FFOSS (Freeware/Free & Open Source Software) Friday

by Todd Ogasawara

Here's my weekly summary of Freeware, Open Source, and free web services mentioned in my personal blog last week.

GPSPhotoLinker is a freeware app for Mac OS X that pretty much does what its name implies. From the website: GPSPhotoLinker can be used to save location and GPS position data to a photo. The latitude and longitude recorded by your GPS unit while you were taking photos can be linked, and saved, to the photos. GPSPhotoLinker automatically enters the city, state, and country annotations into the metadata. I still think of myself as a relative Mac newbie (first Mac was the 1st generation Mac mini). So, my question to Mac expert

Roadnav 0.17: Multi-OS GPS Navigation System
This, I think, is a rarity... A multi-OS (Linux, Mac OS X, and Windows) Open Source GPS navigation application.

Roadnav 0.17

Roadnav can obtain a car's present location from a GPS unit, plot street maps of the area, and provide verbal turn by turn directions to any location in the USA. Roadnav uses the free TIGER/Line files from the US Census Bureau to build the maps, along with the GNIS state and topical gazetteer data from the USGS to identify locations.

The current version was released on Feb. 24.

Mozilla Camino 1.0.4 Web Browser for Mac OS X
Although Firefox is available and works just fine on a Mac, there is also a Mozilla Mac-specific browser project. The latest version just was released today (March 8).

Camino 1.0.4

I Firefox nearly exclusively on my Mac (I rarely fire up Safari). This is a good fit for me since I bounce between Mac OS X, Linux, and Windows. But, since I haven't tried Camino since somewhere around the 0.9 release, I think I should give it another try sometime soon.

GrandCentral: Free Net Voice Mail Service
I haven't tried this free web voicemail service...


However, a number of friends have and say good things about it. One of the interesting features GrandCenral offers is a WebCall Button (free during the beta period) that lets people leave messages for the website's owner without revealing the called number.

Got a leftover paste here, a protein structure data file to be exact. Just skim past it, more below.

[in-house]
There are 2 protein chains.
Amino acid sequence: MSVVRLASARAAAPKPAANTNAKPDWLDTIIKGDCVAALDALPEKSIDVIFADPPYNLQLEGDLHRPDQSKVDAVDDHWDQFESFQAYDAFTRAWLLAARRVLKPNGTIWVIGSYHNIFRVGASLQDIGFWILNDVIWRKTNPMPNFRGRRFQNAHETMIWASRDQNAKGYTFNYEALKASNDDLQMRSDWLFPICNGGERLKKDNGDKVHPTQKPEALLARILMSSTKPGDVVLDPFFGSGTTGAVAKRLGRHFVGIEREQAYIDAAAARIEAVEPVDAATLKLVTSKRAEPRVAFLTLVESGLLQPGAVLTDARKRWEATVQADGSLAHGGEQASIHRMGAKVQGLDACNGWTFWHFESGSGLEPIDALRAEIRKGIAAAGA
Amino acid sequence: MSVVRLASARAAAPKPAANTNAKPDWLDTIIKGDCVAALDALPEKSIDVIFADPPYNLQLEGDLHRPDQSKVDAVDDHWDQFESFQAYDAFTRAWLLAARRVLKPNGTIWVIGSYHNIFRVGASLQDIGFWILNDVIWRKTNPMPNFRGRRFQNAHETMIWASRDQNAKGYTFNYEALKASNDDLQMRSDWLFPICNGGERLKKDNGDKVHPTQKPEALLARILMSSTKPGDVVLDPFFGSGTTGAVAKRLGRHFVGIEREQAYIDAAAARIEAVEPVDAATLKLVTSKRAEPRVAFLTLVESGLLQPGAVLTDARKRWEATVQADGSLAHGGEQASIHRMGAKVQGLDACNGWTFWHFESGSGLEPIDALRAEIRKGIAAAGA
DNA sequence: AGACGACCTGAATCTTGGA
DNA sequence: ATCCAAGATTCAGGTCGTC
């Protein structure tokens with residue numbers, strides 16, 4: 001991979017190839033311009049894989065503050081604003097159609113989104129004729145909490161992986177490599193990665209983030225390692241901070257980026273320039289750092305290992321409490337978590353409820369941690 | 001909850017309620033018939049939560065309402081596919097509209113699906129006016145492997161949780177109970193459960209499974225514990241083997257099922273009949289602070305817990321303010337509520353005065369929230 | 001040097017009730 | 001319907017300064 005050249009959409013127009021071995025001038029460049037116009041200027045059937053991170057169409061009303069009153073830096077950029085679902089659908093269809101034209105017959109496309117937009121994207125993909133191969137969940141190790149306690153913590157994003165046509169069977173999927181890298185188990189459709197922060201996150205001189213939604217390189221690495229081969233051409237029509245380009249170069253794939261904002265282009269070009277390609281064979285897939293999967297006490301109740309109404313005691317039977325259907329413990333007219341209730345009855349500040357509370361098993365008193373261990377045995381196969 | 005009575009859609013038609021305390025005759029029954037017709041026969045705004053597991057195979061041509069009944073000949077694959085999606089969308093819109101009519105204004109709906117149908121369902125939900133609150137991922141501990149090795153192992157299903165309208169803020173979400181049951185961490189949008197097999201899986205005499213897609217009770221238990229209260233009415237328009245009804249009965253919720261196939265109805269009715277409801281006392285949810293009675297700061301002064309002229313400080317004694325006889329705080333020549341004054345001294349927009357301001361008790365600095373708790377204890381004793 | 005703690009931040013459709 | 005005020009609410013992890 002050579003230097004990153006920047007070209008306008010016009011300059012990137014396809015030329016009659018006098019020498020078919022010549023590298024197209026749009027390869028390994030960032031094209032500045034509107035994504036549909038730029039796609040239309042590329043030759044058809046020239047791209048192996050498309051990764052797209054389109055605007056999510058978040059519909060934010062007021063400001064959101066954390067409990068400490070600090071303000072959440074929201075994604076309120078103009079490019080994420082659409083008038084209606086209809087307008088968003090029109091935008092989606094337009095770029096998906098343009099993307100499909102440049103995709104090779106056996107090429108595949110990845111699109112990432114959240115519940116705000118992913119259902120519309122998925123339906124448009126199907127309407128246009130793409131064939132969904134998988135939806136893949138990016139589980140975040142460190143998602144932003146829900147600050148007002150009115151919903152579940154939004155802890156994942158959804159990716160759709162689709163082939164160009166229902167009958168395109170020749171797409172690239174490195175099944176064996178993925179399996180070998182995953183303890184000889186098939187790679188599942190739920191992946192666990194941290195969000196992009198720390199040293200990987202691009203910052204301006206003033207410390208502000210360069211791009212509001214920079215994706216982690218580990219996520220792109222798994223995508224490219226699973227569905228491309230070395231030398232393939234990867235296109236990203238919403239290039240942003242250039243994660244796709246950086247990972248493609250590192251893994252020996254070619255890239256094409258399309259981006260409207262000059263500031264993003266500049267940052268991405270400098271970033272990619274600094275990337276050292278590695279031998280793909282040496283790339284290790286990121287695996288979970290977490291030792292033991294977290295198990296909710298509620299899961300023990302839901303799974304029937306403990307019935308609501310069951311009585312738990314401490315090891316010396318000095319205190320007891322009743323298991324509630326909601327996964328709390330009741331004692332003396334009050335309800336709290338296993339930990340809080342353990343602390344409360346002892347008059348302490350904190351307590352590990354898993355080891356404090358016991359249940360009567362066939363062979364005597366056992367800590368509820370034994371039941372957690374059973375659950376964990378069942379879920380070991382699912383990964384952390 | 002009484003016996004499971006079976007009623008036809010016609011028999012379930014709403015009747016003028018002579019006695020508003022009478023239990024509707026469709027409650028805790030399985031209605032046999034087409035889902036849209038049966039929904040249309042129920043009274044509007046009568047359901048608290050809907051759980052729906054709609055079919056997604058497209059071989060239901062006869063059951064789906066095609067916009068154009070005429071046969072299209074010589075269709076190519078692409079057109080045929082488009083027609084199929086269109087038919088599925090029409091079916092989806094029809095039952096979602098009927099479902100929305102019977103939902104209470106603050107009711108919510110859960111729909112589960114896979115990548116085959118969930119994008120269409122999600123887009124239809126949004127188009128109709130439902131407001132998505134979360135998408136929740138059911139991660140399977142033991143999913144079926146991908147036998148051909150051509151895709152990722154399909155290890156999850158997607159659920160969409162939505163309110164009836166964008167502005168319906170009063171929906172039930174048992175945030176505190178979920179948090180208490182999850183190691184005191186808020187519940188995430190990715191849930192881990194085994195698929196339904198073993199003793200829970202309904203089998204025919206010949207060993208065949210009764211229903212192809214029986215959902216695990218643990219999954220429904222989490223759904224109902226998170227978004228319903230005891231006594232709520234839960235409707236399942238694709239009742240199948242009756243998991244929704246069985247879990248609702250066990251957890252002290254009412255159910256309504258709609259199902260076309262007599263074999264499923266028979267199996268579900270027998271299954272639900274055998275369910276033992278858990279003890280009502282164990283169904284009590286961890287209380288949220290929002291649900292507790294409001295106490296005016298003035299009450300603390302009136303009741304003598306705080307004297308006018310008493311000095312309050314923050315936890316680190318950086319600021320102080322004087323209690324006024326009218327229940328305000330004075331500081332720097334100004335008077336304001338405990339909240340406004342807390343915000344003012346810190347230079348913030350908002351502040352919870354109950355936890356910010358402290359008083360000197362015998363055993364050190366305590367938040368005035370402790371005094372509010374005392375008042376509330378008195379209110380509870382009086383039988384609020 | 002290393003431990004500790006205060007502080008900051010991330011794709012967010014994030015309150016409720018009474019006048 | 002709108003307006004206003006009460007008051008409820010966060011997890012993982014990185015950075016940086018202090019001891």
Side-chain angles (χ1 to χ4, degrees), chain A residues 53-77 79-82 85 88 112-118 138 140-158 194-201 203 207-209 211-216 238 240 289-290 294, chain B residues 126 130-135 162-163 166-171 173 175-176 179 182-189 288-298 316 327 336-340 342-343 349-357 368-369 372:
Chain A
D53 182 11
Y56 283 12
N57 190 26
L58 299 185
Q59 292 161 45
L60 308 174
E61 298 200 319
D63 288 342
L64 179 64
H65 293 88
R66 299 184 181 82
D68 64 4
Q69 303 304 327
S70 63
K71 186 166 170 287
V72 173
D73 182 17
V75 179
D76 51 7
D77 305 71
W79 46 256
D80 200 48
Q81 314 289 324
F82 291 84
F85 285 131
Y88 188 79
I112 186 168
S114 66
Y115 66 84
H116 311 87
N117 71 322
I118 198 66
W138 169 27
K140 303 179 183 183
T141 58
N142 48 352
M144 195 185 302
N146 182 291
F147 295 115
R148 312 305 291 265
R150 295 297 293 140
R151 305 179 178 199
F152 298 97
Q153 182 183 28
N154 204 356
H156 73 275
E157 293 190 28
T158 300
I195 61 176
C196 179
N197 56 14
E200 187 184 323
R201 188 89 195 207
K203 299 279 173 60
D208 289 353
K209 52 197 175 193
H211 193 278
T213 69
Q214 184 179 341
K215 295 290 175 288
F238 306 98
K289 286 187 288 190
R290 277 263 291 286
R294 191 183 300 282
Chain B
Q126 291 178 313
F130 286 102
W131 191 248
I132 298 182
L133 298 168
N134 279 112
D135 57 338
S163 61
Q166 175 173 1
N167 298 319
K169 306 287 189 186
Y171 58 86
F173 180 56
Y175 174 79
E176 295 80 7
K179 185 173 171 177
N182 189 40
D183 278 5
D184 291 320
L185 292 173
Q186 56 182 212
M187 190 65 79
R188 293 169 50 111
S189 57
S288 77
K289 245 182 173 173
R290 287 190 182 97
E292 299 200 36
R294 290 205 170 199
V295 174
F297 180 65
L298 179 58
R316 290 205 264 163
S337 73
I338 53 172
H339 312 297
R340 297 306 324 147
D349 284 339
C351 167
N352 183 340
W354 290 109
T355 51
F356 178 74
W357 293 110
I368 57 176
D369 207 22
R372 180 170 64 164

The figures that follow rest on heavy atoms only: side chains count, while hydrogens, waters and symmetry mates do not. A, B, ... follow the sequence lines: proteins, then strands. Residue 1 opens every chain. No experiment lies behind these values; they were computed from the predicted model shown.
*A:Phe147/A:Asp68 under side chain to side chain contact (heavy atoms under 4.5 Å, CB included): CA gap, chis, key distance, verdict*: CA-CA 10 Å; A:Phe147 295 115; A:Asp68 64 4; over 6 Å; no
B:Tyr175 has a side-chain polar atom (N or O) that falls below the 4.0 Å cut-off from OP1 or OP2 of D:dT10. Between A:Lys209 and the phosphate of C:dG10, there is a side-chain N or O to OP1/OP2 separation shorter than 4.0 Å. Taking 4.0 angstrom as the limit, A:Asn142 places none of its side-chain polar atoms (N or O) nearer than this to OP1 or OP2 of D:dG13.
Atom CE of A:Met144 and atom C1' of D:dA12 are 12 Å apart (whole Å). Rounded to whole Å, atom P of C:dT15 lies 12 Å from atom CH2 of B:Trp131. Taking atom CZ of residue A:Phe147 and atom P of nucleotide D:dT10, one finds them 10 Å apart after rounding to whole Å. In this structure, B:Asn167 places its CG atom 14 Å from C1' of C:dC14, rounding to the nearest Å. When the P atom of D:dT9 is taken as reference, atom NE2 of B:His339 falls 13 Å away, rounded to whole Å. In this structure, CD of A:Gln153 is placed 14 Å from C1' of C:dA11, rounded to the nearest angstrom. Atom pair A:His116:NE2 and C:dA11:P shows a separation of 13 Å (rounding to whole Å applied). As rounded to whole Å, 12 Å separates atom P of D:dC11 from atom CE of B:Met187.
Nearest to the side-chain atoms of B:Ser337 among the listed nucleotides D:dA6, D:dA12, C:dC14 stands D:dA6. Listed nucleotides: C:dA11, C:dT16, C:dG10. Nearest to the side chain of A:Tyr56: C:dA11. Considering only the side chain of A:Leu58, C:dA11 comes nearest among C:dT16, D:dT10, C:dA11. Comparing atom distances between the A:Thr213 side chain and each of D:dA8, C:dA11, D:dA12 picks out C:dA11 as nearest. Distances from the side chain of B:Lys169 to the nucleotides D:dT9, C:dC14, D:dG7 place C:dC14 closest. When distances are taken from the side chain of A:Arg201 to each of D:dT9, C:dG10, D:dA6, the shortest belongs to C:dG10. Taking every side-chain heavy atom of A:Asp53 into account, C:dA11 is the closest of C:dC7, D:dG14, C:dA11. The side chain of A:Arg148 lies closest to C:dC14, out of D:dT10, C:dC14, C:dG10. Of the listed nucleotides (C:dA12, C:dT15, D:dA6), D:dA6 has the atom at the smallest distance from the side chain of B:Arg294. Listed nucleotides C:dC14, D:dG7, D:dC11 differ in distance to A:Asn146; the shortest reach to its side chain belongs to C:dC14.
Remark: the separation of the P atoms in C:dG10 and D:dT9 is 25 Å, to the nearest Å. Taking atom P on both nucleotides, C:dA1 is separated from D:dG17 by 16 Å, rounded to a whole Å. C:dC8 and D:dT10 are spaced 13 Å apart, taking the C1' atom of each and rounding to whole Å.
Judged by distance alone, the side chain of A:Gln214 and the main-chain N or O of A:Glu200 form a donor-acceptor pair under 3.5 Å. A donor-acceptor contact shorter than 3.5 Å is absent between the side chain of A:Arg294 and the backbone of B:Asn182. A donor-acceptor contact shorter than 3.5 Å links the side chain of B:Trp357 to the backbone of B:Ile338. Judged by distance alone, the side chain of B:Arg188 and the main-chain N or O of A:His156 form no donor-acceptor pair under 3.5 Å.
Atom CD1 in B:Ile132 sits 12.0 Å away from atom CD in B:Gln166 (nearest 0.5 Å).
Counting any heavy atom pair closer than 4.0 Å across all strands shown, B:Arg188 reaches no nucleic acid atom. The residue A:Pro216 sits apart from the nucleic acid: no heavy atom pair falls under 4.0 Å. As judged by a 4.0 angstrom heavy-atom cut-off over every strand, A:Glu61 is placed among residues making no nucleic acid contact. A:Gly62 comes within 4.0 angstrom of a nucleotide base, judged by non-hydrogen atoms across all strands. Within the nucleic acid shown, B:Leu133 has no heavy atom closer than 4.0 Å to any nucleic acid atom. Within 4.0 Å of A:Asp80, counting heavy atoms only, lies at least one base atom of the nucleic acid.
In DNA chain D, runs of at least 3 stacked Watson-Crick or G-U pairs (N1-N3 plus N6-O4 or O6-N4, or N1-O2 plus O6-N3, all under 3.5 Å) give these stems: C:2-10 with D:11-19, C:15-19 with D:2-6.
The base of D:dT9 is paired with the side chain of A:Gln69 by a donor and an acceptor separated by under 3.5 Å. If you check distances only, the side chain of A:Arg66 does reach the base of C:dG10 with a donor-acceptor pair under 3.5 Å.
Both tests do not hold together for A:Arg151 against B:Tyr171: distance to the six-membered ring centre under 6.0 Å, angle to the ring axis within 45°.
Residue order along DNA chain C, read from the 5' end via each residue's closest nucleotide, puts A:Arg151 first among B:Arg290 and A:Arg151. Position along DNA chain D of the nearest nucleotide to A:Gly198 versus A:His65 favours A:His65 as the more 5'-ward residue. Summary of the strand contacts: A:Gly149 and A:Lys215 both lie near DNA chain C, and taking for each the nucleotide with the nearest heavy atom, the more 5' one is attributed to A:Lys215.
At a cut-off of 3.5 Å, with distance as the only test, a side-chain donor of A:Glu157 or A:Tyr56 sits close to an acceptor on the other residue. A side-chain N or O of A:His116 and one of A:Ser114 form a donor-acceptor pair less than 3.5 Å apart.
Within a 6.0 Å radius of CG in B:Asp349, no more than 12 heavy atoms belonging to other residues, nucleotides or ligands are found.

Should I place a GrandCentral WebCall Button on this site? Why would anyone want to leave voicemail for a site like this one (not a social network site, etc.)? Let me know what you think.

Tumblr.com: A Micro-blog? Blog-ette? Something Else?
Tumblr.com (no "E" as with other Web 2.0-ish site names). The free web service's slogan is: Tumblelogs are like blogs with less fuss. You might say, well any blog can be maintained with less fuss using any of the various blogging services. And, I tend to agree. But, Tumblr makes it easy to perform common blogging tasks in a single minded way: Add a photo (from desktop or phone), add a link to an interesting web site, add a video feed from some video website, etc.

Visiting Seattle for a Week: Check out my TumbleLog
I'm flying to Seattle on Sunday (Mar. 11) and will spend the week there attending the Microsoft MVP Summit. I'm planning to update this blog while visiting Seattle. But, hang in there if I don't post as frequently (daily) as usual.

Check out my Tumblr.com TumbleLog (read the previous blog item about Tumblr.com). I'm planning to update it at least a couple of times a day with cameraphone photos while in Seattle.

See you on the net!


2007-03-17 08:32:35
GPSPHotoLinker is great. I've been a long time user. Unfortunately it doesn't do RAW, which also means can't use it with RAW and Aperture. I imagine this is difficult at best to implement since each RAW format is different and writing to RAW files may not be a great idea.

The database for Roadnav is rather flawed. I checked it out for Redondo Beach to Mammoth Lakes, California. Gaps in Highway 395 (which don't exist and haven't for the last 30 years for sure and probably 75 before that), and wrong routing through Los Angeles (at least according to everyone I know who drives the route and Google Maps). But the price is right.

I'm not sure what your questiion is relative to GPSr and Mac's. Garmin and almost certainly other GPSr connect to Macs via USB.